BURLINGTON — It’s been more than two years, but the recipient of the first — and only — marijuana-related business license for the city of Burlington will have to continue to wait before opening shop.

In 2013, Jason Kitzman, a Burlington chiropractor, applied for and was granted two licenses from the state Liquor and Cannabis Board to be used in Skagit County: One in Anacortes and one in Burlington.

While High Society, his shop in Anacortes, has blossomed in its first year of business, Kitzman has yet to finalize a location for his Burlington store. It’s a problem he said he’s been working to rectify with the city.

“It’s been a two-year, hundreds-of-hours process up to this point,” Kitzman said.

The problem, Kitzman said, lies in zoning requirements established by the city that go above and beyond the state’s requirements.

While the state has limits on how close marijuana-related businesses can be to schools, parks, playgrounds and transit centers, the city Planning Commission — and subsequently the City Council — went a step further in 2013 when it established that marijuana businesses could not be within 1,000 feet of a single-family residence.

“That has restricted it so there are only a few small areas in town that these facilities can be sited,” City Administrator Bryan Harrison said.

In its code, the city has made no distinction between retail stores, processors, or producers, Harrison said. All must comply with the same rules.

A business park on the city’s north side, east of Interstate 5, is zoned for marijuana businesses, Harrison said. But Kitzman said he hasn’t been able to move forward in a space at that location because the landlord won’t lease to him.

Some real estate and leasing agents have expressed concern to the city about associating with marijuana businesses, Harrison said. Some question whether they would face ramifications as the industry is not recognized federally as legal.

“That is a decision only (those agents) can make,” Harrison said. “We don’t hold their licenses.”

For Kitzman, that limits his options even more.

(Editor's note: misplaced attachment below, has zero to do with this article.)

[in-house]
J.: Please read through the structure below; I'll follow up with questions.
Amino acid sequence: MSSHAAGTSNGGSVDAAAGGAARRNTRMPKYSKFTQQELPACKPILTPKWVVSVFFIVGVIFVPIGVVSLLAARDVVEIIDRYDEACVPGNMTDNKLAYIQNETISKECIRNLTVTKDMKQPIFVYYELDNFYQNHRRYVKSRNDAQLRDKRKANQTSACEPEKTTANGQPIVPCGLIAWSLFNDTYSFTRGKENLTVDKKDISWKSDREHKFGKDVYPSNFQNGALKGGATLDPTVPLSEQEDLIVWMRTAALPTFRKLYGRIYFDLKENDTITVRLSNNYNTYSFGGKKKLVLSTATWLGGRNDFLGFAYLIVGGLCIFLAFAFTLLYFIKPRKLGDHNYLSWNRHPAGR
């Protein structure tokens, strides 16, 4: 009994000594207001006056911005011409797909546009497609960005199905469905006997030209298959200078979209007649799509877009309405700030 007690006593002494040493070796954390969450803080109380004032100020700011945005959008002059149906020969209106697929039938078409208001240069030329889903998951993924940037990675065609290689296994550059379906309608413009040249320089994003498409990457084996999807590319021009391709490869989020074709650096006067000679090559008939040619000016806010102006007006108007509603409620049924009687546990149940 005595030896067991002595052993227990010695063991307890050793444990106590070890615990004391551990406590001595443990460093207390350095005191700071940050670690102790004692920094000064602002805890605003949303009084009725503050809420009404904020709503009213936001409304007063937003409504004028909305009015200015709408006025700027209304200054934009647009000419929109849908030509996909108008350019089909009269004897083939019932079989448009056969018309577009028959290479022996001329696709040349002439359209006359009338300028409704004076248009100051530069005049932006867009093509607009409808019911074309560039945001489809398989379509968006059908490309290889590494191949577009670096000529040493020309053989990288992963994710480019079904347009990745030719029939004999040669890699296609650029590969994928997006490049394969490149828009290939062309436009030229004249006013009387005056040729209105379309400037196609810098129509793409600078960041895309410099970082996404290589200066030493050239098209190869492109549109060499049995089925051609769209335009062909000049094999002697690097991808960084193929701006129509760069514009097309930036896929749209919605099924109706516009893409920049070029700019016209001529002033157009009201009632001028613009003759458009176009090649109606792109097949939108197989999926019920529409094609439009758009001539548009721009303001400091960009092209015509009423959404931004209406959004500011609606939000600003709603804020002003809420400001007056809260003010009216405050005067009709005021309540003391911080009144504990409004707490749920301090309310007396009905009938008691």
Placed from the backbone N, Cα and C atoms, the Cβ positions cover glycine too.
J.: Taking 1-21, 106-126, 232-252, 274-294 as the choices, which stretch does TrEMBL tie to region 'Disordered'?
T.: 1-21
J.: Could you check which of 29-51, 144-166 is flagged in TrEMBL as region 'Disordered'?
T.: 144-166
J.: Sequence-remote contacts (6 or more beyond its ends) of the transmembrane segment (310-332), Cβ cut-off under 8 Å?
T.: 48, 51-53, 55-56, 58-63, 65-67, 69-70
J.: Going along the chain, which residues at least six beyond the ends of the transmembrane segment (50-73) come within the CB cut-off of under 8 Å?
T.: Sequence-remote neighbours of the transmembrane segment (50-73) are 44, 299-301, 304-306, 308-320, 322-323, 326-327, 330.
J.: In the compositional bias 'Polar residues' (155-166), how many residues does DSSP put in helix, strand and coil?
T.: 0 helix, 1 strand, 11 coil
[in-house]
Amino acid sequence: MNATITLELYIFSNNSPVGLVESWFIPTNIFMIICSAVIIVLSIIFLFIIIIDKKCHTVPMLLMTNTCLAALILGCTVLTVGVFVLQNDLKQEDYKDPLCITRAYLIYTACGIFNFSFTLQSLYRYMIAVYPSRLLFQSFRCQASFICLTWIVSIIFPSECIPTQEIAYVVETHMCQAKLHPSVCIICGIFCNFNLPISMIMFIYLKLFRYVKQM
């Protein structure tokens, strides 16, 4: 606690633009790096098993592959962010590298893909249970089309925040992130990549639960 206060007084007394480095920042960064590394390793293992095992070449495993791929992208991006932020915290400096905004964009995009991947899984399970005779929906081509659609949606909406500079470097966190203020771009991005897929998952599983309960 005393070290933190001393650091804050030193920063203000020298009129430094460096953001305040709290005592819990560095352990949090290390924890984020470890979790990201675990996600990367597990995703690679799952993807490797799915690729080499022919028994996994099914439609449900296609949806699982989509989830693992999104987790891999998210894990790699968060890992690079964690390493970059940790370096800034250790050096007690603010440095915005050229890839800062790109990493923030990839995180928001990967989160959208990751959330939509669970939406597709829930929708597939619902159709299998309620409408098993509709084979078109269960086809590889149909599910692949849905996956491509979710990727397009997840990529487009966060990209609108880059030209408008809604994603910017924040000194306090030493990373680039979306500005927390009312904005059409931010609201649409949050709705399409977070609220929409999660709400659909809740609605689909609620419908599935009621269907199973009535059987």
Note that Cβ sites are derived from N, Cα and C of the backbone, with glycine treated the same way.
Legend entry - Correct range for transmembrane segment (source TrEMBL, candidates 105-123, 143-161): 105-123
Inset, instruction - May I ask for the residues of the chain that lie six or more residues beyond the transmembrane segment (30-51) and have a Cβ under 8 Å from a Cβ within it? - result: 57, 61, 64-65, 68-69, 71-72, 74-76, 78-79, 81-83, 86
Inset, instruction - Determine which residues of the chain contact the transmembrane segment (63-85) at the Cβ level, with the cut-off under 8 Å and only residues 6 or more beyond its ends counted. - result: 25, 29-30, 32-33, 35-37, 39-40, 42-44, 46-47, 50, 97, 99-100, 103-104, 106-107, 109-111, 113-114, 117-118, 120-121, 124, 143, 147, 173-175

“Burlington has tiny city limits,” he said. “With the current rules, there’s no place to put it.”

An area Kitzman would like to see the city make available to him is a location on the west side of I-5 near several auto dealerships, he said.

That area is zoned for heavy commercial use. A proposal by Kitzman to the Planning Commission to include marijuana in that zoning was denied.

It’s not that the city wants to keep marijuana businesses out of that area, Harrison said. It’s that it wants to keep the area available for other businesses, such as the auto dealerships already there.

“Burlington is heavily dependent on sales tax income, and the largest source is from the sale of cars,” he said. “It’s a pretty important area for the future of the city.”

Instead, Kitzman and other marijuana business owners have to hope the city will ease its single-family residence restriction.

Removing that restriction is an issue that first appeared on the Planning Commission’s agenda in October, Harrison said, and was brought up again for the next three months before appearing on the City Council’s Feb. 25 agenda.

At that meeting, the council chose to postpone any zoning amendments until this fall when it completes its 2017 Comprehensive Plan.

“Establishing and adopting zoning is a legislative act, and a purely discretionary act of council,” Harrison said. “They can choose to act, they can choose not to act. (The issue) is very important to council, and very important to the community.”

Councilman Chris Loving, whose son owns the Loving Farms marijuana store in Mount Vernon, recused himself from the February discussion.

For Kitzman, the city’s decision on whether to change zoning to accommodate marijuana businesses might be too far away.

“My (Liquor and Cannabis Board) investigator calls me twice a week,” Kitzman said. “(The Liquor and Cannabis Board) is not going to wait until fall. If I don’t get (a) property, I’ll lose the license.”

As the state continues to refine its marijuana laws, Kitzman’s already-granted license, which he paid a $250,000 application fee for in 2013, is increasing in market value — he said it’s now worth between $500,000 and $600,000.

— Reporter Kera Wanielista: 360-416-2141,

kwanielista@skagitpublishing.com

, Twitter:

@Kera_SVH

,

facebook.com/KeraReports

Load comments